2006 Michigan vs. Ohio State football game

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2006 Michigan vs. Ohio State
"Game of the Century"
1 2 3 4 Total
Michigan 7 7 10 15 39
Ohio State 7 21 7 7 42
Date November 18, 2006
Stadium Ohio Stadium
Location Columbus, Ohio
Favorite Ohio State by 7[1]
Referee Bill LeMonnier[2]
Halftime show The Ohio State University Marching Band
Attendance 105,708[2]
United States TV coverage
Network ABC[3]
Announcers Brent Musburger (play-by-play)
Kirk Herbstreit (color)
Bob Davie (color)
Bonnie Bernstein (sideline)
Lisa Salters (sideline)
Nielsen ratings 13.0[4]

The 2006 Michigan vs. Ohio State Game was a regular-season college football game between the unbeaten Michigan Wolverines (ranked No. 2 in the nation) and the unbeaten Ohio State Buckeyes (ranked No. 1 in the nation) on November 18, 2006, at Ohio Stadium in Columbus, Ohio. Called the "Game of the Century," this was the first time in the historic rivalry that the teams entered the matchup ranked No. 1 and No. 2 in the nation. In an offensive shootout, Ohio State won 42–39.

Michigan and Ohio State first faced each other in 1897, and have met annually since 1918. Considered by many the greatest rivalry in college sports, the rivalry has been the "de facto" Big Ten Conference championship game on 22 occasions, with the game affecting the determination of the championship an additional 27 times. Ohio State entered the 2006 season ranked No. 1, while Michigan was ranked No. 14 in the AP preseason poll. With both teams winning all of their regular season games prior to their matchup, Ohio State remained No. 1 in all major polls, while Michigan moved up to No. 2 in the polls.

Both Michigan and Ohio State scored on their first offensive possessions, while the Buckeyes would eventually go up 21–7 midway through the second quarter. The Buckeyes' took a 28–14 lead into halftime, with the Wolverines closing the gap in the third quarter, scoring on a Mike Hart touchdown run and a Garrett Rivas field goal. Ohio State would extend their lead again following an Antonio Pittman touchdown run, though Michigan would bring the game within four points on another Hart touchdown run. A Troy Smith pass to Brian Robiskie would extend the Buckeyes' lead to 42–31. A late touchdown and two-point conversion would not be enough for Michigan, as the Buckeyes' would go on to win the game 42–39.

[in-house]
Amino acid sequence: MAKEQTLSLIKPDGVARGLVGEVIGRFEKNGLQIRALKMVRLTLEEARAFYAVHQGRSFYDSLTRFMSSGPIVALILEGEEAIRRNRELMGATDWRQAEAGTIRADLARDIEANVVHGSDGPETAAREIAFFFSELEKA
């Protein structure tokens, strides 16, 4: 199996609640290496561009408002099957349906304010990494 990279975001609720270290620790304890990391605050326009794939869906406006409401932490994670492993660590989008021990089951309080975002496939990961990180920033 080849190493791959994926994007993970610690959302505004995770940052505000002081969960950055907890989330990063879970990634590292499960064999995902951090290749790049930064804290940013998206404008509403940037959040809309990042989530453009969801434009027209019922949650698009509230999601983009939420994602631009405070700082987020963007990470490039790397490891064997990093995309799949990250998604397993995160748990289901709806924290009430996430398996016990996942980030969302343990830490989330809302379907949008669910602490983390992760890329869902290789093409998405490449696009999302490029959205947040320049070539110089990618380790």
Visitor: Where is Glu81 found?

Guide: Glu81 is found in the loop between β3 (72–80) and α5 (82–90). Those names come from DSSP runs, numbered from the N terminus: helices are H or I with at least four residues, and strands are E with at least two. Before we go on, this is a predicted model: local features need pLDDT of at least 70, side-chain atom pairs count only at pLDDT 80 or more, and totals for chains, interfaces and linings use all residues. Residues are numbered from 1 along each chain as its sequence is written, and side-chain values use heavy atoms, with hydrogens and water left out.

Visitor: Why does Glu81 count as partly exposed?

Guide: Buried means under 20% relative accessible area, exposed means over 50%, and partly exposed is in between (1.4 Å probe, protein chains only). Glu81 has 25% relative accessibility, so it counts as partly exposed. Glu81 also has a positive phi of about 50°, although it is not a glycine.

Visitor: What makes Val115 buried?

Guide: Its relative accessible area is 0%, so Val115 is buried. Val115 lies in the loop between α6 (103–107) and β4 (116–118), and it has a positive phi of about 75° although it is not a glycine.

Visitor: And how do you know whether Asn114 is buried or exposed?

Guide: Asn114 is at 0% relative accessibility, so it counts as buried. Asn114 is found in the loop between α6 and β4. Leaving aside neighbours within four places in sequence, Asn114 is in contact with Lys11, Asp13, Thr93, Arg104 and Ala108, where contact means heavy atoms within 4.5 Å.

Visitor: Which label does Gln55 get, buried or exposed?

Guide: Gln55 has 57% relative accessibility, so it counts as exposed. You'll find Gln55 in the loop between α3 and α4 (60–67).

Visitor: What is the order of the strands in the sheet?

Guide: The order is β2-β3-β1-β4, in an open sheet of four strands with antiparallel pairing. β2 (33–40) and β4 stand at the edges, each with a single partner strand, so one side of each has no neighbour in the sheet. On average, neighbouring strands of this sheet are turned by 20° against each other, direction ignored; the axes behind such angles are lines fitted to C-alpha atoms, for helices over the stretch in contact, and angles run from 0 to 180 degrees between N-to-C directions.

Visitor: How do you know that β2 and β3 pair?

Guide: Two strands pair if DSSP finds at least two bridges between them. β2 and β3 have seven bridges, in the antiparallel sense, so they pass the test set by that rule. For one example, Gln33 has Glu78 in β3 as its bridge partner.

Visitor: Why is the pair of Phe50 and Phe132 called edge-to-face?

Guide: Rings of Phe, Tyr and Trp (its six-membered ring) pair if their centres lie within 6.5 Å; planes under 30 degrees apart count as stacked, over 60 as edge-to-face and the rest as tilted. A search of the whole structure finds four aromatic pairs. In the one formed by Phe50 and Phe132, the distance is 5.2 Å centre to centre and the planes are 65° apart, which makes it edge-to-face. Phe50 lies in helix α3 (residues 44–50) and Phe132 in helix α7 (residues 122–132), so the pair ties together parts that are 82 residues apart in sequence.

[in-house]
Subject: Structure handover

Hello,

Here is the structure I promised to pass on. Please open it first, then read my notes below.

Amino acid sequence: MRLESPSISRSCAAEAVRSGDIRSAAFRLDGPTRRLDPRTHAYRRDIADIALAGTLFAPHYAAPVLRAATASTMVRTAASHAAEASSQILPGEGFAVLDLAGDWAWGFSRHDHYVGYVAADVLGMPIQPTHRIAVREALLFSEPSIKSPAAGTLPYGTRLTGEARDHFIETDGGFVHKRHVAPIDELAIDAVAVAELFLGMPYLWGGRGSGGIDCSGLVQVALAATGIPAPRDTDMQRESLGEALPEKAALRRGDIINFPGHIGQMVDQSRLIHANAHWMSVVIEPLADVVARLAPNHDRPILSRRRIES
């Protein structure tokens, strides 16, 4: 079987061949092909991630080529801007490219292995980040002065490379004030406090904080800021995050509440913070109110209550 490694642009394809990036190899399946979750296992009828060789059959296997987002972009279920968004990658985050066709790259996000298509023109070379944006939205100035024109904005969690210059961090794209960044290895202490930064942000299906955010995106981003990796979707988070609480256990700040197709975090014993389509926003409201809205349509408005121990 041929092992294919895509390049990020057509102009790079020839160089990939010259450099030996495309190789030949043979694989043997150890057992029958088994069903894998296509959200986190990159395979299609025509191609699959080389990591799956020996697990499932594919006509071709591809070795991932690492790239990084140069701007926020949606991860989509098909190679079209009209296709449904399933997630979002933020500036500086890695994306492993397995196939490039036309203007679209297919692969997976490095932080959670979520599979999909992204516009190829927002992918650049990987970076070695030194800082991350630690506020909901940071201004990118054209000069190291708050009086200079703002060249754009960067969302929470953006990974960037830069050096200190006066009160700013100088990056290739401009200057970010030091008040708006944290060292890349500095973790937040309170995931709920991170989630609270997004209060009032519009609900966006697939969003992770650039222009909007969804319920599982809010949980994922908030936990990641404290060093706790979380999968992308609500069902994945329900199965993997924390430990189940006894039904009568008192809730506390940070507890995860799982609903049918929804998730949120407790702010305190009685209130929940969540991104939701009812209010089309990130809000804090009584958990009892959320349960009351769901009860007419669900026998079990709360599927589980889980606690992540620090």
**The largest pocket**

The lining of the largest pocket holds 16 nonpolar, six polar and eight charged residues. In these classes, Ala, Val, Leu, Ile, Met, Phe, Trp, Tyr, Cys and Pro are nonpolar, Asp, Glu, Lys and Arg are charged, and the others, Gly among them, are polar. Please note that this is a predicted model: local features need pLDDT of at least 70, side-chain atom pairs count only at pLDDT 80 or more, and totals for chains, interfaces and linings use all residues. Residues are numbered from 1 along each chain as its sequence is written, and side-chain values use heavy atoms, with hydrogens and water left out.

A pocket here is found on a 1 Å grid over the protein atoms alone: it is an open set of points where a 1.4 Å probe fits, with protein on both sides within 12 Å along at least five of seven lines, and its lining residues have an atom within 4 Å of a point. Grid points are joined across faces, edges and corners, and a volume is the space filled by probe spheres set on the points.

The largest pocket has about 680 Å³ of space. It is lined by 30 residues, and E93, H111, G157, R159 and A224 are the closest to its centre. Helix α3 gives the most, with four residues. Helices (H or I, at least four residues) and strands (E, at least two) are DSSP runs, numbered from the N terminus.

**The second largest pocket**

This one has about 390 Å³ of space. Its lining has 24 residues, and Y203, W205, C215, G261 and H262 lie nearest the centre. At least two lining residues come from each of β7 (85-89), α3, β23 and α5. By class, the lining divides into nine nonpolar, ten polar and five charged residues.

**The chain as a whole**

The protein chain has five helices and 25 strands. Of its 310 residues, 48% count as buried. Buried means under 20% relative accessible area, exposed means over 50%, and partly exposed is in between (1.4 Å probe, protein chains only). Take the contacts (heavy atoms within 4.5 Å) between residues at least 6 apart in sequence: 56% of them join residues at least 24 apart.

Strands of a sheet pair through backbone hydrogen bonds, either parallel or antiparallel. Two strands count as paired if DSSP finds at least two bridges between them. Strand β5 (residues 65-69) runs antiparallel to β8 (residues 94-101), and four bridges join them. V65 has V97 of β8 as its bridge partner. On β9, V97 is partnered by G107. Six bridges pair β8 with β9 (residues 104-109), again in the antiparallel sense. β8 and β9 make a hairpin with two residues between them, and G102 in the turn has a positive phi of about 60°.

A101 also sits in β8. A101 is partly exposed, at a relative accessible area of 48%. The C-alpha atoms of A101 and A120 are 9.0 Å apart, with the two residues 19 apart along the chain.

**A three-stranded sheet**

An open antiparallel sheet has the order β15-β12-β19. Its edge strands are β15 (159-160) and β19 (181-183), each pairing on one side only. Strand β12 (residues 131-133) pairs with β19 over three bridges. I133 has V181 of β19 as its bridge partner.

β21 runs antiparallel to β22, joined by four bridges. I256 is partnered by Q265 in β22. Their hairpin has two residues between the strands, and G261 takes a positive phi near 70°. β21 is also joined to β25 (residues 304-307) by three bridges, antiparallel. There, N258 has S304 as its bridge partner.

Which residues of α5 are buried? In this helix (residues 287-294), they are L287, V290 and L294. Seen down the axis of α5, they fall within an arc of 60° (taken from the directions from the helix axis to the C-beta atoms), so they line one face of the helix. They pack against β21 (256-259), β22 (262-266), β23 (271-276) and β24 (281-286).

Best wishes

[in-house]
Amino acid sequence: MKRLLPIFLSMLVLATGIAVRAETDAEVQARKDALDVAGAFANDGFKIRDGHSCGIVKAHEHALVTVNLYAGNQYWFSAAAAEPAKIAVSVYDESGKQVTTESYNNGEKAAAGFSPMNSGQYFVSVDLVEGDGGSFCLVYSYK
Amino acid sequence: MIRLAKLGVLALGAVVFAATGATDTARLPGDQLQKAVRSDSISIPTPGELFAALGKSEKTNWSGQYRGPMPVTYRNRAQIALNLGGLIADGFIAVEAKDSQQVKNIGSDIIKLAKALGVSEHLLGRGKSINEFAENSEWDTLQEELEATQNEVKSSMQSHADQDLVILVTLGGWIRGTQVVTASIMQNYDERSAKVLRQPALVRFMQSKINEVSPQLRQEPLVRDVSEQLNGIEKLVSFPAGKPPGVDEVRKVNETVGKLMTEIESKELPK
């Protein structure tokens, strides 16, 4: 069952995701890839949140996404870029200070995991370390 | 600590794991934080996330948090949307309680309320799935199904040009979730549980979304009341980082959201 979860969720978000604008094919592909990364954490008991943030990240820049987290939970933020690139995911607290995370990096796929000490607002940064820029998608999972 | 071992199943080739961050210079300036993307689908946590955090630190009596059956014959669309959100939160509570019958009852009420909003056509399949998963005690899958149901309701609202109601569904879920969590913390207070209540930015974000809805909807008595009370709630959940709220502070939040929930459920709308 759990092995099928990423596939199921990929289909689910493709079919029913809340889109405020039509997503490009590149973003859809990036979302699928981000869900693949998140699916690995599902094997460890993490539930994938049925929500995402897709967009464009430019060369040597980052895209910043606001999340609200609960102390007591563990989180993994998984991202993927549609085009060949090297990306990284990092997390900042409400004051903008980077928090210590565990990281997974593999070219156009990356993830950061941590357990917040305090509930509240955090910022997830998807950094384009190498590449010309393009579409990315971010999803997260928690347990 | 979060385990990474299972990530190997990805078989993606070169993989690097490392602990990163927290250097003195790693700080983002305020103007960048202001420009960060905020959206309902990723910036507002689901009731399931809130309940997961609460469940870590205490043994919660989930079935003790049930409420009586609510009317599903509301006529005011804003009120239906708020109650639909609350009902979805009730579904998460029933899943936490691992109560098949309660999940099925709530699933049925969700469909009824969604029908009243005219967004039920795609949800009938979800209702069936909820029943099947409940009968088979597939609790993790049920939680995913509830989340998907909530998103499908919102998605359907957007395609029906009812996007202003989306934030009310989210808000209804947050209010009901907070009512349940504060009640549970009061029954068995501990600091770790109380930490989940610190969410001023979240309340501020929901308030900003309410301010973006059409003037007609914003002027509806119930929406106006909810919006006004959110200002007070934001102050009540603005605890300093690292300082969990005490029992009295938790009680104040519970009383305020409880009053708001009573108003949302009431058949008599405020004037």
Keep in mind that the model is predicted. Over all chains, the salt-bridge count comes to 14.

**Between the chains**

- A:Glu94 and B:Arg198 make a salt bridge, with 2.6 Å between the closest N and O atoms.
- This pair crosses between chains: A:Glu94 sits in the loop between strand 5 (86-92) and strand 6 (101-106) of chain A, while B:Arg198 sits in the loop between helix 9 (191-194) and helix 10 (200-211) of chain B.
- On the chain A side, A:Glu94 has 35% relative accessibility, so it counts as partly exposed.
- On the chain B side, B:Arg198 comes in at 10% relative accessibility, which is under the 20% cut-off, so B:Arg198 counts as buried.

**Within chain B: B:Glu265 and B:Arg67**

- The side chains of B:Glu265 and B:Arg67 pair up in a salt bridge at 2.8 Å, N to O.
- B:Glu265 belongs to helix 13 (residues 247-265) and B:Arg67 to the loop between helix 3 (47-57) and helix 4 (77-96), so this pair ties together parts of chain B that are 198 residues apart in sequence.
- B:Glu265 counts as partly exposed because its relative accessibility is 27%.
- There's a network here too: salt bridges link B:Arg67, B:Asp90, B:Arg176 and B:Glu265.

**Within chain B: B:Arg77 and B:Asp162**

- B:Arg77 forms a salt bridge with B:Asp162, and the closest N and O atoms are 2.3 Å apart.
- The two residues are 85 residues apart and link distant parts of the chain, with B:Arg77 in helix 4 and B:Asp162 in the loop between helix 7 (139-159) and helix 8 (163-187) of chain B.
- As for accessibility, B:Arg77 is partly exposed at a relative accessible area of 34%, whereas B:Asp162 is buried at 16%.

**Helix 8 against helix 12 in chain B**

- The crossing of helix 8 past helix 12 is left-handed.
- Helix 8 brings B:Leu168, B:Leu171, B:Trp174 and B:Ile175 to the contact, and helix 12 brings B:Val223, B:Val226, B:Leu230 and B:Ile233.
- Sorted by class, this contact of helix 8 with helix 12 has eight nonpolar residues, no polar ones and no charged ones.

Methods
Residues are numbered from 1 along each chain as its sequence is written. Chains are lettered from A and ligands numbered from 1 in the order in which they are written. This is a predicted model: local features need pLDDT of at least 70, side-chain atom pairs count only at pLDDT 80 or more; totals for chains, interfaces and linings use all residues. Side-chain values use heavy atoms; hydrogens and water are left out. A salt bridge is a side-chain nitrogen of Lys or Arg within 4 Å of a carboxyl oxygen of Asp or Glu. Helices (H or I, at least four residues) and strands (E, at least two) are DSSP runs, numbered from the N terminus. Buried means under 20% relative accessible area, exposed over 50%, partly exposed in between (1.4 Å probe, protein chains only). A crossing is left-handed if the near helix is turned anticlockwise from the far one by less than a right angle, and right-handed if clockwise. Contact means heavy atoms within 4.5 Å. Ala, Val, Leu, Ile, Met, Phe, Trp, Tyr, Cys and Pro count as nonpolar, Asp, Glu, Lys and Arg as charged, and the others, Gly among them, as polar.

Following the game, Ohio State claimed the Big Ten championship outright for the first time since 1984 and also claiming a berth in the BCS National Championship Game, while the Wolverines would accept a berth in the Rose Bowl. Troy Smith became the seventh Ohio State player to win the Heisman Trophy, while multiple players on both teams were recognized with conference and national awards. Michigan was defeated 32–18 by the USC Trojans in the Rose Bowl, while Ohio State was defeated 41–14 by the Florida Gators in the national championship game.

Pre-game buildup[edit]

Michigan and Ohio State first faced each other in 1897, and have met annually since 1918. Coming into the game, Michigan held the all-time lead in the series 57–39–6, though Ohio State had won the previous two meetings. Called simply "The Game" by some, the rivalry is considered one of the greatest in college athletics. The rivalry was specifically intense during a period known as the Ten Year War from 1969 to 1978 when Woody Hayes of Ohio State and Bo Schembechler of Michigan coached opposing teams. This would be the first time since 1973 that both teams came into the rivalry game undefeated.[5]